TOKYO - Japanese Prime Minister Shinzo Abe urged a reset in frayed ties with China when he met Chinese President Xi Jinping on the sidelines of the G20 summit, his spokesman said Friday.
The meeting was the first between leaders of the two countries since relations took a nosedive last year over the ownership of uninhabited islands, in a row that has led to warnings of a possible armed confrontation.
"Prime Minister Abe explained (to Xi) about our thoughts that we should develop Japan-China relations by going back to the original point of the strategic, mutually beneficial relationship," Chief Cabinet Secretary Yoshihide Suga told reporters in Tokyo.
A Japanese embassy spokesman in Moscow said the two leaders shook hands and spoke for about five minutes at the meeting of world leaders in the Russian city of Saint Petersburg.
Despite the huge economic importance of the relationship between Asia's two largest powers, the two men have not met since the hawkish Abe took office in December and Xi in March.
According to Chinese state news agency Xinhua, Abe said he had been looking forward to seeing Xi in Russia and that "I am eager to improve Japanese-Chinese relations".
The agency cited Xi as telling Abe that Beijing wants to improve ties "on the basis of the four Chinese-Japanese political documents" - a reference to agreements hammered out from the early 1970s onwards as the two countries normalised relations.
The report said Xi had reiterated China's position that Japan must address historical grievances.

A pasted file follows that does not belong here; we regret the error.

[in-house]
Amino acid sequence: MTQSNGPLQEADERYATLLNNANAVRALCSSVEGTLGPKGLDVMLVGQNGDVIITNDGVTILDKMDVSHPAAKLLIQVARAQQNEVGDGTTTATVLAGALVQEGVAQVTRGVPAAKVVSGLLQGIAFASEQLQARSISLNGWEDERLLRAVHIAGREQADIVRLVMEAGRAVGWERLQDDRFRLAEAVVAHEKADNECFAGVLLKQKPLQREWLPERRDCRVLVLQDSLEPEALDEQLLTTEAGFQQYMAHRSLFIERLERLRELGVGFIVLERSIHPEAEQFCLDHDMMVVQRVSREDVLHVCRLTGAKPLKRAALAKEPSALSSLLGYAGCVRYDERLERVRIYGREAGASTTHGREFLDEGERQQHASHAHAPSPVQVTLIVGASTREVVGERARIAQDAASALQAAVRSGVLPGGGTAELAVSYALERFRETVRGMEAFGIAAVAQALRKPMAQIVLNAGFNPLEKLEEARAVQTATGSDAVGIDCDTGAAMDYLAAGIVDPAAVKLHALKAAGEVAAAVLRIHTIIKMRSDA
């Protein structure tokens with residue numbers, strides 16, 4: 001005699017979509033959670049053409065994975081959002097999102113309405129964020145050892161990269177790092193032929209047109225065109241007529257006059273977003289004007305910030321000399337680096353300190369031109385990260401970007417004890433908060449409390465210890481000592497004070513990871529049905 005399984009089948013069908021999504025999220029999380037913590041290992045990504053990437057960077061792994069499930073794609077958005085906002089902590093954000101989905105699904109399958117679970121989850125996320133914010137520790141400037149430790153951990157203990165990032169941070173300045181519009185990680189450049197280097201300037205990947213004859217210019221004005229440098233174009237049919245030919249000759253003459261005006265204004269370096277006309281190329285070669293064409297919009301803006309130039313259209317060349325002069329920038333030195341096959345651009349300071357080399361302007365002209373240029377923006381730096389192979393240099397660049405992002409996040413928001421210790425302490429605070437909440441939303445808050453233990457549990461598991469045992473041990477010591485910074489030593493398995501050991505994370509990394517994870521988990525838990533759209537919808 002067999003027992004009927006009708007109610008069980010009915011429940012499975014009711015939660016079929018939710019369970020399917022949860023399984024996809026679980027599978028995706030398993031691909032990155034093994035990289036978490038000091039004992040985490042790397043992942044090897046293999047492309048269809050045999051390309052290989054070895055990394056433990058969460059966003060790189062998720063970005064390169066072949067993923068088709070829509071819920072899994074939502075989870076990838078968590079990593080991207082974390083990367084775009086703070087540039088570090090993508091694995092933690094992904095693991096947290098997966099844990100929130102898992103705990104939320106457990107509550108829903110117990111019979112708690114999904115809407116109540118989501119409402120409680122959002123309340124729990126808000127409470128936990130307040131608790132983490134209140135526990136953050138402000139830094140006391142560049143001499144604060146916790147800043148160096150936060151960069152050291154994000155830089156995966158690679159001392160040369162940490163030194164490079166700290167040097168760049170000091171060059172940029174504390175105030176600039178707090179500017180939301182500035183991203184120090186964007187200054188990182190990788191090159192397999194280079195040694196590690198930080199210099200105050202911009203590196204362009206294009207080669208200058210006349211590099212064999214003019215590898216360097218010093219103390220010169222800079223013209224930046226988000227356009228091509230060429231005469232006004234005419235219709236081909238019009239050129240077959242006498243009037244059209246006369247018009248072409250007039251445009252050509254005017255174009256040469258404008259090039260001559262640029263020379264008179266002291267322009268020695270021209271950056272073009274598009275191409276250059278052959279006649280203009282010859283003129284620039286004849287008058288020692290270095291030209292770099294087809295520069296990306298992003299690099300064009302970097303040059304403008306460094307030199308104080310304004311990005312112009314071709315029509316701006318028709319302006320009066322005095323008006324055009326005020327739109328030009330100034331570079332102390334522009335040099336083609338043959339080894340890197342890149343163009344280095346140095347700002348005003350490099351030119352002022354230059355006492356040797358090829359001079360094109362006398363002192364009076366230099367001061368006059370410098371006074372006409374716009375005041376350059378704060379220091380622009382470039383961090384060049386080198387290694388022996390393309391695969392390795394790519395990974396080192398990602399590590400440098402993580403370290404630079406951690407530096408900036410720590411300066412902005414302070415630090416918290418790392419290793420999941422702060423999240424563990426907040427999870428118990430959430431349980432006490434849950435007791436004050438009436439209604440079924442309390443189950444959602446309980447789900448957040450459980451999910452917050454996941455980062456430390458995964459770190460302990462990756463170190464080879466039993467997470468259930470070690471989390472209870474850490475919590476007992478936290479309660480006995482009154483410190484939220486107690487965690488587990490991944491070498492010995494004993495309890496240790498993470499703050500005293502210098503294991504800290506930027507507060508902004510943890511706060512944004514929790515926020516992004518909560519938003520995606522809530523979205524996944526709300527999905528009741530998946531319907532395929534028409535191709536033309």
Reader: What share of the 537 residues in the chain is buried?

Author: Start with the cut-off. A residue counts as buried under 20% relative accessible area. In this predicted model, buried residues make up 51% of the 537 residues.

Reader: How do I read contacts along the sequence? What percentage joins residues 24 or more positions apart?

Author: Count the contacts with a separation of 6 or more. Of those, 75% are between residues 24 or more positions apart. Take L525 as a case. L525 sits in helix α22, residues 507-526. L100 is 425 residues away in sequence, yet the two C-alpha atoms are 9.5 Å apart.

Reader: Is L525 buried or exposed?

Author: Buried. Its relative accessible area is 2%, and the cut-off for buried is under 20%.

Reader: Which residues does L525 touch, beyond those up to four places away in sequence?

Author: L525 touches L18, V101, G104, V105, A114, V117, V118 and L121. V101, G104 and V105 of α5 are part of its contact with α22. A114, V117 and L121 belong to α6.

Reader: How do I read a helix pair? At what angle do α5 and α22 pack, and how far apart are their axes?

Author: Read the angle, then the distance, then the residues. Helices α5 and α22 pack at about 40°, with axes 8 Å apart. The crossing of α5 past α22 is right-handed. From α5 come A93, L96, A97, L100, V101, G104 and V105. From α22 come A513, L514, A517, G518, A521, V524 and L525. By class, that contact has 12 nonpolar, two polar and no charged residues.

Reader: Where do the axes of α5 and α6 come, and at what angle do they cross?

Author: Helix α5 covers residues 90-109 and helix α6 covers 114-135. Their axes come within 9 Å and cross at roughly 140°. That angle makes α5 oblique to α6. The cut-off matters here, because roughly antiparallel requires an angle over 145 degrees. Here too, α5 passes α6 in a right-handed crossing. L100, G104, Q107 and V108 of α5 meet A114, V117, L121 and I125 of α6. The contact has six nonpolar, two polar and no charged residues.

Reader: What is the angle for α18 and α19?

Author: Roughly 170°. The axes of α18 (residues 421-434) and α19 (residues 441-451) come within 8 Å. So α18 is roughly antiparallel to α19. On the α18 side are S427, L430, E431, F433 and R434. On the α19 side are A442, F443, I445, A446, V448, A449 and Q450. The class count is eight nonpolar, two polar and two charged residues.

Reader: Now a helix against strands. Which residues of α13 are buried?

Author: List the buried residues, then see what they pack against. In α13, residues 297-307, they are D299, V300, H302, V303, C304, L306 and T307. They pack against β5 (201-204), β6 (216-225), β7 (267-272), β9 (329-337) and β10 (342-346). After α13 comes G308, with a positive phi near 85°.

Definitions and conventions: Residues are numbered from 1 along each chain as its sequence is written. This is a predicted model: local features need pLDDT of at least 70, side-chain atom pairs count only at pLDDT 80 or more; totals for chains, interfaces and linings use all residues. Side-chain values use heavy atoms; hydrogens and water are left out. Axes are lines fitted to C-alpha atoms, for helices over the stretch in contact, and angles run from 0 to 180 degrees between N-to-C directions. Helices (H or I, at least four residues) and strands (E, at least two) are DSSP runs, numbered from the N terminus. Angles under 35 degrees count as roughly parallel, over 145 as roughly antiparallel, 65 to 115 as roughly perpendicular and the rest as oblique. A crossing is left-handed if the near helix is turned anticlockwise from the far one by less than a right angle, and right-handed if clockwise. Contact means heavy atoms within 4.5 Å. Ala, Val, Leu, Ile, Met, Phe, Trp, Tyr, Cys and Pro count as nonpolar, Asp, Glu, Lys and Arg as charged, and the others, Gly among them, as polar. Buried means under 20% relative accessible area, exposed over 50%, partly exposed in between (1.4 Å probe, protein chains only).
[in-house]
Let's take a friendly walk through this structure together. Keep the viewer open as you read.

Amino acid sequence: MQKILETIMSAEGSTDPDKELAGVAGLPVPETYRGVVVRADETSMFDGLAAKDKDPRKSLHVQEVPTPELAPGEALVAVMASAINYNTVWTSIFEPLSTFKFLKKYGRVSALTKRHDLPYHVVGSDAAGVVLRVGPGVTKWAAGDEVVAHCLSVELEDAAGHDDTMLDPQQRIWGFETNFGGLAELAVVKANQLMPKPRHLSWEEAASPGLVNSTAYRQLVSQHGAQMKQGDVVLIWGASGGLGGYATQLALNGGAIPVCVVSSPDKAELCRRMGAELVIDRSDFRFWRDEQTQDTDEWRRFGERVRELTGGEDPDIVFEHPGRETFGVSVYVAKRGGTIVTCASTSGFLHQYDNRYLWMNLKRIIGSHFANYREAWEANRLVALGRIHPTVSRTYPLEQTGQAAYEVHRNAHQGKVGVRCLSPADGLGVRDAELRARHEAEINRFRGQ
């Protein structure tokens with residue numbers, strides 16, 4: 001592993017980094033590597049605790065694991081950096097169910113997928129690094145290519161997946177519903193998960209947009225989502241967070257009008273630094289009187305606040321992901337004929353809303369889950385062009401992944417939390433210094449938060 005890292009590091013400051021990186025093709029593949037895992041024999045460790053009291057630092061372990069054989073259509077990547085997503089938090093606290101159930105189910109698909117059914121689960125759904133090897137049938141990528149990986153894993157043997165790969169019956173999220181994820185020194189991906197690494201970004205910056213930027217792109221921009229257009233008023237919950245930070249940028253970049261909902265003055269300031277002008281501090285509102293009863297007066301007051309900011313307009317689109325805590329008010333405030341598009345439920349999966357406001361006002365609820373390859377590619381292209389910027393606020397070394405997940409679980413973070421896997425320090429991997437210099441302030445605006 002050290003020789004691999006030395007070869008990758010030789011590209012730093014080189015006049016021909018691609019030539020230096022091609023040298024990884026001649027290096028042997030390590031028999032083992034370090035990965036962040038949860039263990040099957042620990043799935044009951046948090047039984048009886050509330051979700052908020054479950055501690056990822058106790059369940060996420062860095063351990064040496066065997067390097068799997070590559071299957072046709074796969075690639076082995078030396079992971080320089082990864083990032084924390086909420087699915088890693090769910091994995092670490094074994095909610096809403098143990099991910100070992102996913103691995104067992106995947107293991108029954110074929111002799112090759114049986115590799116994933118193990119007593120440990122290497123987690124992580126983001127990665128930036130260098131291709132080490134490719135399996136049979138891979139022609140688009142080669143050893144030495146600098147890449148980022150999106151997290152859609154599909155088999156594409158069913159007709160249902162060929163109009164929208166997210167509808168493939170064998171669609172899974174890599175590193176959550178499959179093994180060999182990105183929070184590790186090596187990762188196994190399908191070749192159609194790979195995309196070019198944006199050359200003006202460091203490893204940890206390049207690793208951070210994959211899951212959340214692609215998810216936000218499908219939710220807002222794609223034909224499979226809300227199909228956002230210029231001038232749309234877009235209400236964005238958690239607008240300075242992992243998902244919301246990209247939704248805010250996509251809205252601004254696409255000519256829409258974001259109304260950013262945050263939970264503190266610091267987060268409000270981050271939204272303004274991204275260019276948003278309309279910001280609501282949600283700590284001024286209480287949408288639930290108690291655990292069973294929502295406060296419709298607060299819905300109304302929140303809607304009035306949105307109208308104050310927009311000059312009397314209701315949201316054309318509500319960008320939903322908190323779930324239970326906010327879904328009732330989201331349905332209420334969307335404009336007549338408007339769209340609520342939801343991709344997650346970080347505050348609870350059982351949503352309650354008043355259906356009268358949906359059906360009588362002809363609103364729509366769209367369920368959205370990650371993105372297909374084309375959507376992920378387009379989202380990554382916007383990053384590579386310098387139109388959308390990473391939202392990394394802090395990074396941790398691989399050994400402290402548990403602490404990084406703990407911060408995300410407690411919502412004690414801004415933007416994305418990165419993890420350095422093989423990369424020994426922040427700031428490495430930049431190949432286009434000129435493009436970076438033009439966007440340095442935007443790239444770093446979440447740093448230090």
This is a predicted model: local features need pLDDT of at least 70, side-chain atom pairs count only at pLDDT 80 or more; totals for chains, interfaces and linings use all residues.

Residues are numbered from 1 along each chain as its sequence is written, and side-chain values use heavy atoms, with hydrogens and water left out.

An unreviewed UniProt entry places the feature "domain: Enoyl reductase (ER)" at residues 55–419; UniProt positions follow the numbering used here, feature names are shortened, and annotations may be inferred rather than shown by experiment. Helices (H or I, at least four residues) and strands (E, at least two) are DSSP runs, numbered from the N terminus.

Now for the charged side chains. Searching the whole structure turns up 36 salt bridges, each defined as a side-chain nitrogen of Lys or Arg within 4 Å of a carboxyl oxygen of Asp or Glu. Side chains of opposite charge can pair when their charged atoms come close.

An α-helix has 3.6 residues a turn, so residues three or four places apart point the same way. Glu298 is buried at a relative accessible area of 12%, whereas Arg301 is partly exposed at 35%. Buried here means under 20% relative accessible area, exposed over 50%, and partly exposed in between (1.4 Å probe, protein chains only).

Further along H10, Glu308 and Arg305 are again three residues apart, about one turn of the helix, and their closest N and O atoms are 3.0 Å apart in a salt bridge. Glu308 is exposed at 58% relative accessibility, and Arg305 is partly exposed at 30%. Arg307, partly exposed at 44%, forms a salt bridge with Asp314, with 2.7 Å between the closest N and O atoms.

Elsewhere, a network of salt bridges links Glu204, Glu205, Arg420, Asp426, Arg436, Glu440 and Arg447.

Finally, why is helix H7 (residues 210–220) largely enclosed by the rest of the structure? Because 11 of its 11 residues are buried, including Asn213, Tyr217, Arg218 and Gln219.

Beijing regularly charges that Tokyo has not made sufficient amends for its aggressive and acquisitive behaviour in the middle of the 20th century, and that Japan plays down the extent of its wrongdoing.
Japan says it has apologised and maintains that Beijing uses history to beat its neighbour and as a rallying cry at home to distract domestic attention from problems.
Often-difficult relations between the world's second and third largest economies worsened significantly in September last year when Japan nationalised islands it already controlled under the name Senkakus.
Beijing says the archipelago, which it calls the Diaoyus, was illegally snatched by Japan at the close of the 19th century, and demands the islands back.
Official Chinese ships - latterly the country's coastguard - have regularly plied the waters around the islands in the East China Sea, where they are warned off by Japan's coastguard.
The two countries' militaries have also been involved, with fighter planes scrambled numerous times, although there has been no contact.
Observers warn the island spat has the potential to turn into an armed confrontation that risks dragging in other countries in the region.
While Tokyo has been careful to maintain its public position that it was always ready for talks with Beijing, Abe's administration has been resolute in saying the islands' sovereignty is not up for discussion.
Beijing has rebuffed a number of apparent Japanese overtures in recent months, including visits by senior aides to Abe.
Earlier Thursday, Qin Gang, China spokesman at the G20, said: "There are difficulties between China and Japan relations at the moment. Responsibility does not lie with China."
"China's position on Diaoyu is clear. The islands belong to China," said Qin.
"The differences in views should be effectively managed through consultations. Unfortunately, China's reasonable proposals have not been met with proper responses from Japan," he said.
Qin added that relations between the two countries are "very important" but laid responsibility for improving them at Tokyo's door, saying China hopes that Japan "will take concrete measures to improve ties".